SURROUNDED BY AN EVER-GROWING TOWN, MARYMEADE FARM IS AN UNEXPECTED GIFT OF PEACE AND QUIET FOR PASSERSBY.
It is late afternoon just off the Berlin G. Myers Parkway, and traffic is moving slowly. Quittin’ time, our grandparents might have called this hour of the day, when those who have toiled since early morning make the journey homeward; tired and more often than not, a tad cranky. Improbably, there is a bullfight simmering only a few yards away.
The black bull arrogantly approaches the huge bale of hay Billy Walker’s tractor has deposited in the feeding ring only yards away from the idling cars. Wearing his self-importance on broad horns spanning his brow, the bull lowers his head and charges into the straw, throwing golden strands high into the air, snorting and stomping. Billy chuckles at the bovine antics.
“Yea, he’s pretty rambunctious,” he says, “and he’s got some pretty good headgear, too.”
The cattle are an endless source of fascination to those who drive the Berlin G. Myers Parkway, as are the silos and outbuildings of what many consider to be Summerville’s own urban farm. Horses graze under stately oaks and the rustic red roofs of the barns and cottages on the property summon peace and tranquility in the midst of the Town’s ever increasing pace. The bucolic setting is unexpected in mid-town. It is lovely in its simplicity, drawing many to pull off the road for a better view of the farm called Marymeade. Few are aware of its name or history.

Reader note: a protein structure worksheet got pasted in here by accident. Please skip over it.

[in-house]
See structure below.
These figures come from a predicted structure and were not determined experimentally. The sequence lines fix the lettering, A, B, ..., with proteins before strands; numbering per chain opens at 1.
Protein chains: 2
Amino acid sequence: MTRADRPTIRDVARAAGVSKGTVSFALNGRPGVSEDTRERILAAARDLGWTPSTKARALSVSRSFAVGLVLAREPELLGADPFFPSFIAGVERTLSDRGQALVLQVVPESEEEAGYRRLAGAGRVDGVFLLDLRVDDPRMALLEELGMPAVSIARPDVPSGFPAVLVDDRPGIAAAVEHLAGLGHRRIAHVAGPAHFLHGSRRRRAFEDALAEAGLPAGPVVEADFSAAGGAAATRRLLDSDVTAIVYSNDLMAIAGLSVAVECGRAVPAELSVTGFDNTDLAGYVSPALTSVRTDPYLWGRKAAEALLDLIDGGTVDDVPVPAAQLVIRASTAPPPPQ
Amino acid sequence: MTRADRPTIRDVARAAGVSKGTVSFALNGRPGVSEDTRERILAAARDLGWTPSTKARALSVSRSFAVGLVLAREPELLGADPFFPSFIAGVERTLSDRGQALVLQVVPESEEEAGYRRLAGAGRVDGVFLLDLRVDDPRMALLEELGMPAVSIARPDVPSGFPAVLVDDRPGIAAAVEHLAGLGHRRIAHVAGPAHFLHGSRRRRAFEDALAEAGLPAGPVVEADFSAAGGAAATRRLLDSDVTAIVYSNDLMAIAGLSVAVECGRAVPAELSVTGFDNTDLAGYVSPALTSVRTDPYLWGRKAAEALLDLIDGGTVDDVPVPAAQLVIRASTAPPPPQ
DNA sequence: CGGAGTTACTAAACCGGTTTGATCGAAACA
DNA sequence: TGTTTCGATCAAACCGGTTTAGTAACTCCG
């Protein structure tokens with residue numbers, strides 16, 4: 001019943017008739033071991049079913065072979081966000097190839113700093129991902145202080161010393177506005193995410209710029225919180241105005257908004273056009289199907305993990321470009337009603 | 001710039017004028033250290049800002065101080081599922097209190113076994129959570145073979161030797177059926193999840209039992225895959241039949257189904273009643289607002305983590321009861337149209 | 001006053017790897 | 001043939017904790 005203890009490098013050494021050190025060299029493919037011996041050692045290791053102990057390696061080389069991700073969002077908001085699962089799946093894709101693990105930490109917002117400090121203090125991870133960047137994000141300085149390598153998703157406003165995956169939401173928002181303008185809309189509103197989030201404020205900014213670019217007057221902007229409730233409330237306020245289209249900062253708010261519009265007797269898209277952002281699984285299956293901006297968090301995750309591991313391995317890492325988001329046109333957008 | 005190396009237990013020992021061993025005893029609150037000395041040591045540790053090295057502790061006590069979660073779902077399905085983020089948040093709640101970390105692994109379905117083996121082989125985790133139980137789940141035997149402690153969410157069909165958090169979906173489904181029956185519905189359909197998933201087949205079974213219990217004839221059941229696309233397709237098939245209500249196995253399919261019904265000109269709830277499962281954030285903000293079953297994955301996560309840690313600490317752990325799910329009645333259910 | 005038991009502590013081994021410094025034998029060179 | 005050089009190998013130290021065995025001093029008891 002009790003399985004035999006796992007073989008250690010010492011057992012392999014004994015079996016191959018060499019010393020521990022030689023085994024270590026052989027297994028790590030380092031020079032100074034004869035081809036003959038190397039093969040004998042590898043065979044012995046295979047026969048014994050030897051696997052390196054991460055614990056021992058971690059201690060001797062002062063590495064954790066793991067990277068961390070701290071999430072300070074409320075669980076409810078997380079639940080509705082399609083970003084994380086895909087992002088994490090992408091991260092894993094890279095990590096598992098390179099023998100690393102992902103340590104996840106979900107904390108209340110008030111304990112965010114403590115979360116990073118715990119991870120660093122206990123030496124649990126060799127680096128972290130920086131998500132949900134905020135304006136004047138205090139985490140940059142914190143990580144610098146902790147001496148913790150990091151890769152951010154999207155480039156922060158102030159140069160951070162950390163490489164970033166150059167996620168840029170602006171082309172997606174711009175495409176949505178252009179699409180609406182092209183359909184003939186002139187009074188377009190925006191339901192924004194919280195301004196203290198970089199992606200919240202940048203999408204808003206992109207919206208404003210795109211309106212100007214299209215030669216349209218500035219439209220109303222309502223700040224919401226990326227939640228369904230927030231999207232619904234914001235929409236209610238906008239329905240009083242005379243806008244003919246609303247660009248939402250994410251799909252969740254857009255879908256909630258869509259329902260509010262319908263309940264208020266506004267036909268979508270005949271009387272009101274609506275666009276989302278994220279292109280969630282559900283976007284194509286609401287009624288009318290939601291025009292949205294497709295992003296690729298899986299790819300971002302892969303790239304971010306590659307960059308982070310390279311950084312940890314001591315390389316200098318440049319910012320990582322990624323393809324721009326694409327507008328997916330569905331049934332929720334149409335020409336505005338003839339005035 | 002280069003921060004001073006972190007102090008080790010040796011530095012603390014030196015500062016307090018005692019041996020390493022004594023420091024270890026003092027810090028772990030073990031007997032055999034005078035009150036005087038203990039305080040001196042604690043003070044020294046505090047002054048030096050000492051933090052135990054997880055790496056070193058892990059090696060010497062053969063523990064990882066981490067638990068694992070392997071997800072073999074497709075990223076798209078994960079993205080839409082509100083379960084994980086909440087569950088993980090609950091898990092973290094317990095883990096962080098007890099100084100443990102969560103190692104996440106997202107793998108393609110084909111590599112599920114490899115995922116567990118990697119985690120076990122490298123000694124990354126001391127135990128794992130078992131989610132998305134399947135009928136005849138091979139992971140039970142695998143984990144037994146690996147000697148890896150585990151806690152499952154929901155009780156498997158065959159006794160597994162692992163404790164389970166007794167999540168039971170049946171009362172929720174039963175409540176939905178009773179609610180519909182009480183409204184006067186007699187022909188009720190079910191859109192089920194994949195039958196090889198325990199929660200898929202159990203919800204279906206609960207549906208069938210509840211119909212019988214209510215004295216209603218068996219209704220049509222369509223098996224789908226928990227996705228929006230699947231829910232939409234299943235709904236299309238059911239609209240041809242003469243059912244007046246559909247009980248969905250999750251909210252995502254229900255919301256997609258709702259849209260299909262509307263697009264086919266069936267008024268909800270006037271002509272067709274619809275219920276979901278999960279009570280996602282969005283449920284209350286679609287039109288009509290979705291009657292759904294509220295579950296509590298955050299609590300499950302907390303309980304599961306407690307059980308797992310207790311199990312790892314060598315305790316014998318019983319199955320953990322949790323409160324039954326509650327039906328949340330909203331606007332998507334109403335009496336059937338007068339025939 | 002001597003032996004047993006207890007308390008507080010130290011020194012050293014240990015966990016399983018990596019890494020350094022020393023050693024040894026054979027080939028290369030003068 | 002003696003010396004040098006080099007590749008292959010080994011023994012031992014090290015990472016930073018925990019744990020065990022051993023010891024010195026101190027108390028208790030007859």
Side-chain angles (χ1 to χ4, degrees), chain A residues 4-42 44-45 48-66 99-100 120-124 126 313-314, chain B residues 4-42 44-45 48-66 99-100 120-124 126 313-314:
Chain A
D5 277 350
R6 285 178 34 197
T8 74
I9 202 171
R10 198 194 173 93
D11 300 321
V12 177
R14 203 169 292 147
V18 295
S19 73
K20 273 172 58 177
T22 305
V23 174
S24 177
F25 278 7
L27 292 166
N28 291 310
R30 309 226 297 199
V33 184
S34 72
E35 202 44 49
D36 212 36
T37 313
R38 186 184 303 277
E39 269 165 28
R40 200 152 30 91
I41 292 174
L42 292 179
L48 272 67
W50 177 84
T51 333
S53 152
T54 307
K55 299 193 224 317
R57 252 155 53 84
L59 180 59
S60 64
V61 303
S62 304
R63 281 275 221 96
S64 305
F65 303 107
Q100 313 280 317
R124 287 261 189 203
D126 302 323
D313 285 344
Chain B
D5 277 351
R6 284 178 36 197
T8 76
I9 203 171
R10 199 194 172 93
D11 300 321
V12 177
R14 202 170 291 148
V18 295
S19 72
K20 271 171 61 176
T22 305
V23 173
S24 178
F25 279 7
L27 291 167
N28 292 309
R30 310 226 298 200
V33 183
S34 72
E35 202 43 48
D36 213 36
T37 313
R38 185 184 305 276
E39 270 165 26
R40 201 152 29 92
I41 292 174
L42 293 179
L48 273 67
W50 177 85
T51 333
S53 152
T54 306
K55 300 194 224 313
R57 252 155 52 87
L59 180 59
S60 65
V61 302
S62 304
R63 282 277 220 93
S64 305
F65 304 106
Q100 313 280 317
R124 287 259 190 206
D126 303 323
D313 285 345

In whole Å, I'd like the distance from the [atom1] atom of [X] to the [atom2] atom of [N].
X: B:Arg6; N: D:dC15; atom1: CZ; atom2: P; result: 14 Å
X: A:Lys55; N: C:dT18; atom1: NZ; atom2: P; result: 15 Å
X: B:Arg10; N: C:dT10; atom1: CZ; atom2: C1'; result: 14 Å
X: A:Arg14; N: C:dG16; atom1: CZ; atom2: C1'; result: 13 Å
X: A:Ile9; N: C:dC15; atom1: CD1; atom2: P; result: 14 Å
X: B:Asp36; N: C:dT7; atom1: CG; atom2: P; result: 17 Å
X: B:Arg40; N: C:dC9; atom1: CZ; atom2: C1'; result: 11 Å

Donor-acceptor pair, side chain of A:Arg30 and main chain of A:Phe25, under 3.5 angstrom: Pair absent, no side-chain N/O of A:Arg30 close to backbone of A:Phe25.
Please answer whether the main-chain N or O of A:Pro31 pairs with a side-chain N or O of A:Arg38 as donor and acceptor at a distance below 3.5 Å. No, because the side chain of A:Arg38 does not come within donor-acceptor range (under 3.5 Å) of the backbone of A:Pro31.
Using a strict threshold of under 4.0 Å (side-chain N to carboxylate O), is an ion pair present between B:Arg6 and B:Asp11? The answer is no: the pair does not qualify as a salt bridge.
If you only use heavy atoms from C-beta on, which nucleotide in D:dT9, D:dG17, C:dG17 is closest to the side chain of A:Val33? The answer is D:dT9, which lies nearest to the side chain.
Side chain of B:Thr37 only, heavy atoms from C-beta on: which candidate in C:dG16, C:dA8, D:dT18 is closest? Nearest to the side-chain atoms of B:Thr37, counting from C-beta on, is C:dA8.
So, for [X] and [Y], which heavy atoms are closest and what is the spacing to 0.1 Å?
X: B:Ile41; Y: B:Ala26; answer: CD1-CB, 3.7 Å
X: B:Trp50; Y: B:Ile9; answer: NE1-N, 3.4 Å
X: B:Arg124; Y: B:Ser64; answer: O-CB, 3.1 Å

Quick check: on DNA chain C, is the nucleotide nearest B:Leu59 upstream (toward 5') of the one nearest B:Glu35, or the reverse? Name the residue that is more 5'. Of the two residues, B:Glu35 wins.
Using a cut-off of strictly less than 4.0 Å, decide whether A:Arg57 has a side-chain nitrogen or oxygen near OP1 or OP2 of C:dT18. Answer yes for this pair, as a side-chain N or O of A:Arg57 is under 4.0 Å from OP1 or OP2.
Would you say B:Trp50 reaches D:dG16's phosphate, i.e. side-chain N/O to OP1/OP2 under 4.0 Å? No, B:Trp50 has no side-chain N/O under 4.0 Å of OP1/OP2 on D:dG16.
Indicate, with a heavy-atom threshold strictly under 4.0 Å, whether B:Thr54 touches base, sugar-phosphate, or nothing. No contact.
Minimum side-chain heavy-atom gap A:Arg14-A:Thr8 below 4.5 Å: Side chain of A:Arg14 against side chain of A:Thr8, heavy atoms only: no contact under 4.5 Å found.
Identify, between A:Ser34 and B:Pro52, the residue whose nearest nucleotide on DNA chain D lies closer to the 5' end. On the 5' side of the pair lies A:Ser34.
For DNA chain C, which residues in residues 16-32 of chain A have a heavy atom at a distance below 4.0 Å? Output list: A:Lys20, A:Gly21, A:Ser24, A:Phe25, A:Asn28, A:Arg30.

On the sixteen acres making up the three pastures on the south side of Marymeade Farm, Billy Walker and his wife, Kim raise their herd of twenty-five Limousin cattle, a breed said to be as old as the European continent, and featured in France’s famous Lascaux cave paintings. Considered “exotics” in the United States, the blocky, muscular cattle are renowned for their adaptability and hardiness, and colors that range from golden red to black. In this herd, many have been crossed with the more familiar Angus breed.
Marymeade Farm has long been a fixture of the Summerville landscape. It was once part of a 1,300-acre dairy farm owned by the H.C. Prettyman family in the 1930s and 40s, and stretched past what is now Interstate 26, and into Sangaree. The rustic buildings dotting the acreage date back to the days of the Prettyman family’s thriving timber business, and remnants of the dairy operation remain today.
When E.A. “Toby” Marvin bought the property, he turned the farm from a dairy operation toward raising beef cattle, and growing tobacco, cotton and the corn which would provide him with a feed business. He also operated Rack A Way Stables, which he leased to the Carl DeLonge family. Many in Summerville boarded horses at the facility. Marvin’s daughters Dottie and Jean, raised at Marymeade, would become accomplished equestrians at Rack A Way, and Patricia Hayes Maroska remembers Dottie driving a horse-cart into Summerville to pick her up for school.
In 1956, Charleston’s County Council Chairman William Withers “Bill” Walker, Sr. purchased Marymeade from Toby Marvin. The house Marvin lived in was not a part of the transaction, and Marvin’s family continued to live there until his daughters were grown.